Science/Tech

Uranus Shocking Discovery: Astronomers Uncover Icy Planet’s Oddball Ring System

Uranus, the seventh planet in our solar system, has always been the odd one of the bunch. Often touted as a rear end even in academic circles (its name is just asking for it), the icy giant is essentially a planet that rotates while lying on its side. It’s also so incredibly dense that it would float on water, that is, if you find a bucket big enough to fit it in, and that’s to take into account the numerous rings it has around it.

Speaking of those rings, scientists have recently discovered that they’re a weird bunch as well. A new set of images of the ringed planet have been released, giving researchers brand new insights into the bits and pieces that make up the 13-ring system.

This means that we now know that epsilon, the densest and brightest of the pack, is pretty cold for human standards. It’s now known to have a temperature of 77 Kelvin or minus 96 Celsius. For comparison, the coldest known temperature on Earth, recorded on an icy ridge in Antarctica, only went down to about minus 93 Celsius.

Scientists also found that there are icy particles inside each ring that give off a small amount of heat in the form of infrared radiation. This creates a light-up composite image. To do this, the scientists looked at the planet’s rings through the Very Large Telescope and Atacama Large Millimeter/submillimeter Array (ALMA), both located in Chile.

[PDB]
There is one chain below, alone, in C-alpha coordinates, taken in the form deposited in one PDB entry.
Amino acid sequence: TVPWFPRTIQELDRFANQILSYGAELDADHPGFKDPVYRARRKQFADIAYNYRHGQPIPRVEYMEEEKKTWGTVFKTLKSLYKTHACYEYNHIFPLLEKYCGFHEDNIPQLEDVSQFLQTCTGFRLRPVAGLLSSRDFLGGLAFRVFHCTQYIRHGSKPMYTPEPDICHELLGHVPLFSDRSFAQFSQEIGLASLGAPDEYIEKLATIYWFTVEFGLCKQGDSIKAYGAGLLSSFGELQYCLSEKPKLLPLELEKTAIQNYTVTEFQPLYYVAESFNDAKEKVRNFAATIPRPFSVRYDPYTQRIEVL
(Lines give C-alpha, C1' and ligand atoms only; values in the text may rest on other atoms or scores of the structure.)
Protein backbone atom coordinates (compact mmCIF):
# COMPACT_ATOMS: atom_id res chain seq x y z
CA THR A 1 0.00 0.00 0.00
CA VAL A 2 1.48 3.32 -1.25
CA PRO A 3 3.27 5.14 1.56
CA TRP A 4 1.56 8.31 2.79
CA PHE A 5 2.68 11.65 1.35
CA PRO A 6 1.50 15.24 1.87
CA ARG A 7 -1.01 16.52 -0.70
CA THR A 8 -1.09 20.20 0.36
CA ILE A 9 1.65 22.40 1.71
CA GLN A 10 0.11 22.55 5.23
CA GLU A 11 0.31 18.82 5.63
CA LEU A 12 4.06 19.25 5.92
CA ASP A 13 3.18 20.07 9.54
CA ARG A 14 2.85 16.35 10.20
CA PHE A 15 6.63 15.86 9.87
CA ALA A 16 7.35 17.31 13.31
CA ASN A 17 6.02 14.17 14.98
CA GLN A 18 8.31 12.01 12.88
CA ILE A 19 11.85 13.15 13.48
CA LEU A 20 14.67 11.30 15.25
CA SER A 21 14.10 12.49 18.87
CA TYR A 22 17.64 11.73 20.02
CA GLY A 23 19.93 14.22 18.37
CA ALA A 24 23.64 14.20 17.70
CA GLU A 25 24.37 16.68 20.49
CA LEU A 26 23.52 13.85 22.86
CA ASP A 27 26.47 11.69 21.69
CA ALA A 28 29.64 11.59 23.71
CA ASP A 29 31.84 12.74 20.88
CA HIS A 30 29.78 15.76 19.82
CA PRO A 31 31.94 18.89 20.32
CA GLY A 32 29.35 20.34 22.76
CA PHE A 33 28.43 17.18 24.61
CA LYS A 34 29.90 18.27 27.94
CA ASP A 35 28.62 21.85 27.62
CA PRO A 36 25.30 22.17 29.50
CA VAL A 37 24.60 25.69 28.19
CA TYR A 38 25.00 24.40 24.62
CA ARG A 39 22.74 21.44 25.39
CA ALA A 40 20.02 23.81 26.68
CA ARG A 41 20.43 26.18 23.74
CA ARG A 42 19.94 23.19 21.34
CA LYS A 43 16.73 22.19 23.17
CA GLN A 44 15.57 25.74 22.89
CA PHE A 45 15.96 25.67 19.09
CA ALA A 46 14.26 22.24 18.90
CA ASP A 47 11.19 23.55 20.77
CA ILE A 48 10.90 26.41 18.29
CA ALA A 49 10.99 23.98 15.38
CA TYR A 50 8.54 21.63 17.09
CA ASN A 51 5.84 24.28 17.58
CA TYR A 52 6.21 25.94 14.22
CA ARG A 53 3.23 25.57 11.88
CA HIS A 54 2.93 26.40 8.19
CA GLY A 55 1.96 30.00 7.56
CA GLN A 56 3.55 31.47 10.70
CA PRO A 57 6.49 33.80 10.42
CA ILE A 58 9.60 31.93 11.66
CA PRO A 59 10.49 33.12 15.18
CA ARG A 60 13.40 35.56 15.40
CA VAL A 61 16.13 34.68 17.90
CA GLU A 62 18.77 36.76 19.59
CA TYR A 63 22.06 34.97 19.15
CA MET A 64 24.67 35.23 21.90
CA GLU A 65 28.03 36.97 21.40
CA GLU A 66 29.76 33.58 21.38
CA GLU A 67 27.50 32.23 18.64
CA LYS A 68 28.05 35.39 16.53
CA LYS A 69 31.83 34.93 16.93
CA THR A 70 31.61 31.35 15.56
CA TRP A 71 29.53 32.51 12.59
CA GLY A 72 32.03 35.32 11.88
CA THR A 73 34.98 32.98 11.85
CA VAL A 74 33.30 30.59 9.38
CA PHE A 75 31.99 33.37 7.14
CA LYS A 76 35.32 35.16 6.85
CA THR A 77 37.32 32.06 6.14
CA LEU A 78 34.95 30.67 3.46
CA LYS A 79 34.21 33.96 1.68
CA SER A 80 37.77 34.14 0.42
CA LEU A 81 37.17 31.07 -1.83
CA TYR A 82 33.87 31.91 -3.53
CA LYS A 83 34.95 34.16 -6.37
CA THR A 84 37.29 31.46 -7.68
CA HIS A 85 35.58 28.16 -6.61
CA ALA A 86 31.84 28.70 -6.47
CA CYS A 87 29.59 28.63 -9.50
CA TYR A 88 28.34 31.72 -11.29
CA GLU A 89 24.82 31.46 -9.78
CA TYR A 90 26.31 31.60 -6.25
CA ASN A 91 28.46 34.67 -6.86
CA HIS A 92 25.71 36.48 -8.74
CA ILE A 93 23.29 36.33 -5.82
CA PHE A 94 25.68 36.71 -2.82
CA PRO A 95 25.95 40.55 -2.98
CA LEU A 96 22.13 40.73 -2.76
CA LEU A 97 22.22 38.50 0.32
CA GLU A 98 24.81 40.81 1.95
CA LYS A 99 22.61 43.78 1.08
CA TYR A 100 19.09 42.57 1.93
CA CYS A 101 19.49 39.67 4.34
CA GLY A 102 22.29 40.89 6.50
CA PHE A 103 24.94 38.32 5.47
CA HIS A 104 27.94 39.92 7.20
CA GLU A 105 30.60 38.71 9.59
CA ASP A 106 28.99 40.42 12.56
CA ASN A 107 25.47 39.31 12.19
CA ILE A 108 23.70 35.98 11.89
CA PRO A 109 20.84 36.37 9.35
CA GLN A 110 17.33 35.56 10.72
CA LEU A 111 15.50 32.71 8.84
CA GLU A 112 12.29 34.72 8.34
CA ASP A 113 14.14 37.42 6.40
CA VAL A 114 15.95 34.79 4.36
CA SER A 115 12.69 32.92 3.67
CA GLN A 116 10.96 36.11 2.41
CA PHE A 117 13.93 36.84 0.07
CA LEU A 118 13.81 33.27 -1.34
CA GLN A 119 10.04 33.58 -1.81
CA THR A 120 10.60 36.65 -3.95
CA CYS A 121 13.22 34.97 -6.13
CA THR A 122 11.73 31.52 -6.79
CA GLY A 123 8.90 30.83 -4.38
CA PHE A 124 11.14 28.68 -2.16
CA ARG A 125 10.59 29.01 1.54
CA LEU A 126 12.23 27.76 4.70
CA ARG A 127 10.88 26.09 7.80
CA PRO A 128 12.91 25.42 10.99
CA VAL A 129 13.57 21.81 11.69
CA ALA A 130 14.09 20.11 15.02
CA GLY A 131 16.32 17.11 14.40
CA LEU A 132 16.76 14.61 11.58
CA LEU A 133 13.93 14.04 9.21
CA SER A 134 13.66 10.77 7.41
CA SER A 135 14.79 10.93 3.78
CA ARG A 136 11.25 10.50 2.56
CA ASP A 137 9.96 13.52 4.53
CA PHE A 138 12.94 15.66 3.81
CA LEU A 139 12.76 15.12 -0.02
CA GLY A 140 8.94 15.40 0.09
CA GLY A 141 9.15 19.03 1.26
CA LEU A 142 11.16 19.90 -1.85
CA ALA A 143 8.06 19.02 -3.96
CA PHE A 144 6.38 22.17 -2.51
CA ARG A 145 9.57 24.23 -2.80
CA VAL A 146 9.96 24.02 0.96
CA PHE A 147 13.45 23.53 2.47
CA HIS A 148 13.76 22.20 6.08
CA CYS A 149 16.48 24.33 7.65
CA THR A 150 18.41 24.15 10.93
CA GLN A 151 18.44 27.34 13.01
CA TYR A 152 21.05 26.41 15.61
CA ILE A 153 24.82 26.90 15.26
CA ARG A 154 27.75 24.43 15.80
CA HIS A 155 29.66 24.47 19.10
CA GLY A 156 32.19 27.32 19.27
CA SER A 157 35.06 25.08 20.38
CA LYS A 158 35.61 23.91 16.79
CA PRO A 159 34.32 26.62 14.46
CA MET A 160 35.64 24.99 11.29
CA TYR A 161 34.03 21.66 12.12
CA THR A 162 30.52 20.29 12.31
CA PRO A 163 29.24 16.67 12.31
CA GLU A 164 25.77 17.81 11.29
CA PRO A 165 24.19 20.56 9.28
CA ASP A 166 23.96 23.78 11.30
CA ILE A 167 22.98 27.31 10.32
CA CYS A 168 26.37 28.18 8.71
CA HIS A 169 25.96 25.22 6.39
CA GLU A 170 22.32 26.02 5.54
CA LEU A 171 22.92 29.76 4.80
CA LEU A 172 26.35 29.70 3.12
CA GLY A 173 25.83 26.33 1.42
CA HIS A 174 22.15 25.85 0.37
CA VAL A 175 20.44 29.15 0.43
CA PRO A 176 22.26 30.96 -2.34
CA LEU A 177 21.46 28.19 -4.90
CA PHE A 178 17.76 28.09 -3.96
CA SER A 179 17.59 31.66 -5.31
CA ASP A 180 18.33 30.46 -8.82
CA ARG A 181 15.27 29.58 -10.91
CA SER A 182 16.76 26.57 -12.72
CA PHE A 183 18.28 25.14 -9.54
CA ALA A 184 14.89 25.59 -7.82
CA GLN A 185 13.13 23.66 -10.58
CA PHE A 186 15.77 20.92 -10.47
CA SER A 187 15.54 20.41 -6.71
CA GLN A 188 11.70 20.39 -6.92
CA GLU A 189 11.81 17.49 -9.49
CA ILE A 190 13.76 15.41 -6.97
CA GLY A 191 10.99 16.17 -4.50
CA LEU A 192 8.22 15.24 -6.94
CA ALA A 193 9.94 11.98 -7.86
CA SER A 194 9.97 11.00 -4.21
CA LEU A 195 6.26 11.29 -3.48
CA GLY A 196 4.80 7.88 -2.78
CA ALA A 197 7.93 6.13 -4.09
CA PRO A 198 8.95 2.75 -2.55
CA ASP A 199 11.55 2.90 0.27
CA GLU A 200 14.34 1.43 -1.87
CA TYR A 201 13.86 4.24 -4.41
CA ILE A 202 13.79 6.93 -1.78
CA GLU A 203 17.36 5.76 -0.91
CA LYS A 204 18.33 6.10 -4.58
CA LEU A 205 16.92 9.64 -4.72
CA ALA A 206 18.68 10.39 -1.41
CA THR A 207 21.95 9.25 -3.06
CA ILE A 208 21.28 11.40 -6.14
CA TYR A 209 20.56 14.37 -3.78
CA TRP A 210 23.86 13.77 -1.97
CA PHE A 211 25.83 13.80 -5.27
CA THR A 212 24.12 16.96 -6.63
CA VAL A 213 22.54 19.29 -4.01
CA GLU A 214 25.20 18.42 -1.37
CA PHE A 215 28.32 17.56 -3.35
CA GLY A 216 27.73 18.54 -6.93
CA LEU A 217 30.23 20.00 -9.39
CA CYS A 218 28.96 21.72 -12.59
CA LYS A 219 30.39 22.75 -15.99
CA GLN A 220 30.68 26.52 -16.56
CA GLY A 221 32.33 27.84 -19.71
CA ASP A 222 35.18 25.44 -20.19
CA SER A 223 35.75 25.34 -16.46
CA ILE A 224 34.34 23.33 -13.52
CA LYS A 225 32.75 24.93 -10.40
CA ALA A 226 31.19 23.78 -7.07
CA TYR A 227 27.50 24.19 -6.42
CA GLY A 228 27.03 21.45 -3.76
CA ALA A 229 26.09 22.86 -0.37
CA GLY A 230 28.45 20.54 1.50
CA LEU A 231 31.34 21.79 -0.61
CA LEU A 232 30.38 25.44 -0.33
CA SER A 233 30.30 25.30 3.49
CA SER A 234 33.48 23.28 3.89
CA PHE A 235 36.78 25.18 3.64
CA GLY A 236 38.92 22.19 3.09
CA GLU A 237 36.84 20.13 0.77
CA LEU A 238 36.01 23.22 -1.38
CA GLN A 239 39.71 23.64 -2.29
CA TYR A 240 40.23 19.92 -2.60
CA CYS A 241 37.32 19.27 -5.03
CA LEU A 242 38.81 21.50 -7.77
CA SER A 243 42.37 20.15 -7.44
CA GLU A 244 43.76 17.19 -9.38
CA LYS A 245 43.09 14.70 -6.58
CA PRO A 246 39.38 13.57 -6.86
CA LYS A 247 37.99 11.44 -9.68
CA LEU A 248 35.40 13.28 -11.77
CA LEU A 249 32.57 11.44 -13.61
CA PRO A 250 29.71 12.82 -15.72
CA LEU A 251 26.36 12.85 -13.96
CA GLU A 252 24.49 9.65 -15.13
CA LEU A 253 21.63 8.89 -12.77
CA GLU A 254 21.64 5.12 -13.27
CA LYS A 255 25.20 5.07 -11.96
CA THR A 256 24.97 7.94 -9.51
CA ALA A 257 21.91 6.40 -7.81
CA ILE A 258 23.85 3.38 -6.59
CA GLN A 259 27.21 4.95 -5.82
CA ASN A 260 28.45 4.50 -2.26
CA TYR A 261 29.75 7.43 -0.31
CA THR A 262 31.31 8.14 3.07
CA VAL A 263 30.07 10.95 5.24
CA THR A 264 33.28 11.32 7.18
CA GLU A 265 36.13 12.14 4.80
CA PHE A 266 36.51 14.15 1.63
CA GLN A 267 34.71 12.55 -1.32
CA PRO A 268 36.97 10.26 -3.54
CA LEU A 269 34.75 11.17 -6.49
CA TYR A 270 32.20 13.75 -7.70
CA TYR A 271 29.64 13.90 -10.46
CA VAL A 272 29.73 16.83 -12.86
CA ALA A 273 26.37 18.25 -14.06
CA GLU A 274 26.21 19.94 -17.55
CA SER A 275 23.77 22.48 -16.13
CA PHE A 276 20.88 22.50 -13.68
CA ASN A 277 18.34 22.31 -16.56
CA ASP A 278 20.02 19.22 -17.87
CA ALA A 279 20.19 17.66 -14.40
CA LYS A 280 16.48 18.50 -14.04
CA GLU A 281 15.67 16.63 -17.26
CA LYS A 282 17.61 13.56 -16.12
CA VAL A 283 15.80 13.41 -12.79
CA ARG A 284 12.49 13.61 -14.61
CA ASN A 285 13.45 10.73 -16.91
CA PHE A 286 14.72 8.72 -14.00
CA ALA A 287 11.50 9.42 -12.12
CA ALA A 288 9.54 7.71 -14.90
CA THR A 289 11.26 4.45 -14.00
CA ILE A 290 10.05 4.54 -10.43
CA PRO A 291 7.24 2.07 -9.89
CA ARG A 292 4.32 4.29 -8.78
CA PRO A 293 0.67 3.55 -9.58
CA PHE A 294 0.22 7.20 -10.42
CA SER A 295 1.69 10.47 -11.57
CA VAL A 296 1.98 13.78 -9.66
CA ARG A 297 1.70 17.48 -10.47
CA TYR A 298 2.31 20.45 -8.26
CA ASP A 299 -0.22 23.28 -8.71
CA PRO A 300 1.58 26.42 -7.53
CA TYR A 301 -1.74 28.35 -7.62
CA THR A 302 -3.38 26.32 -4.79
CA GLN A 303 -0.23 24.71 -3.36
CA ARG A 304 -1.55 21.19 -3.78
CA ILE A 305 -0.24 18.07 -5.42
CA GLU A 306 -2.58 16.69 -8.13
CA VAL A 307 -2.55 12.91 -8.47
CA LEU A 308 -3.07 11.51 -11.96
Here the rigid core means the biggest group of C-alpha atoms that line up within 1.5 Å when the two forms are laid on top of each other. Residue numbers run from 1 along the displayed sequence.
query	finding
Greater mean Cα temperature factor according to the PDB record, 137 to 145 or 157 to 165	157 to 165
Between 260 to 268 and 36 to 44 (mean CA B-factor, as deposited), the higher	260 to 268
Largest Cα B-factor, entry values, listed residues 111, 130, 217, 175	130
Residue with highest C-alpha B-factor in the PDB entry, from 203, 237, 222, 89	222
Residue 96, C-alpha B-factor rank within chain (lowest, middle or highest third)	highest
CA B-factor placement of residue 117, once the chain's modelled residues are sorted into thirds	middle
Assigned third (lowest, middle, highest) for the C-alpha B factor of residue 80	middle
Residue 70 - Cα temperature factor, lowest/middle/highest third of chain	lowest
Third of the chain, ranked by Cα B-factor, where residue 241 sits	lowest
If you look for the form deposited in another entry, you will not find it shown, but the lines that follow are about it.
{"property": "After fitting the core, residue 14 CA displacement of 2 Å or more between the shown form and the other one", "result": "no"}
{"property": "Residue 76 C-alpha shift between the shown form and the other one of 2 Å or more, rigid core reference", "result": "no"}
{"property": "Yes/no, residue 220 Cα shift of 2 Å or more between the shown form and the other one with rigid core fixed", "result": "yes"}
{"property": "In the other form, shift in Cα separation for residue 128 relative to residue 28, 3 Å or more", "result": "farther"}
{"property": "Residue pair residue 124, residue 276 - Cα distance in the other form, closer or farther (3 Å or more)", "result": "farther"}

"Saturn's mainly icy rings are broad, bright and have a range of particle sizes, from micron-sized dust in the innermost D ring, to tens of meters in size in the main rings," said Imke de Pater, a UC Berkeley professor of astronomy. "The small end is missing in the main rings of Uranus; the brightest ring, epsilon, is composed of golf ball-sized and larger rocks."

This is particularly strange, considering the amount of sunlight these rings get, even from such a distance. The researchers are now hoping that these new images will shed more light on the icy planet’s ring system, why they are the way they are, and if each came from different sources.

solar system As the Sun ages, scientists predict it may soon run out of fuel and start to expand. Pixabay

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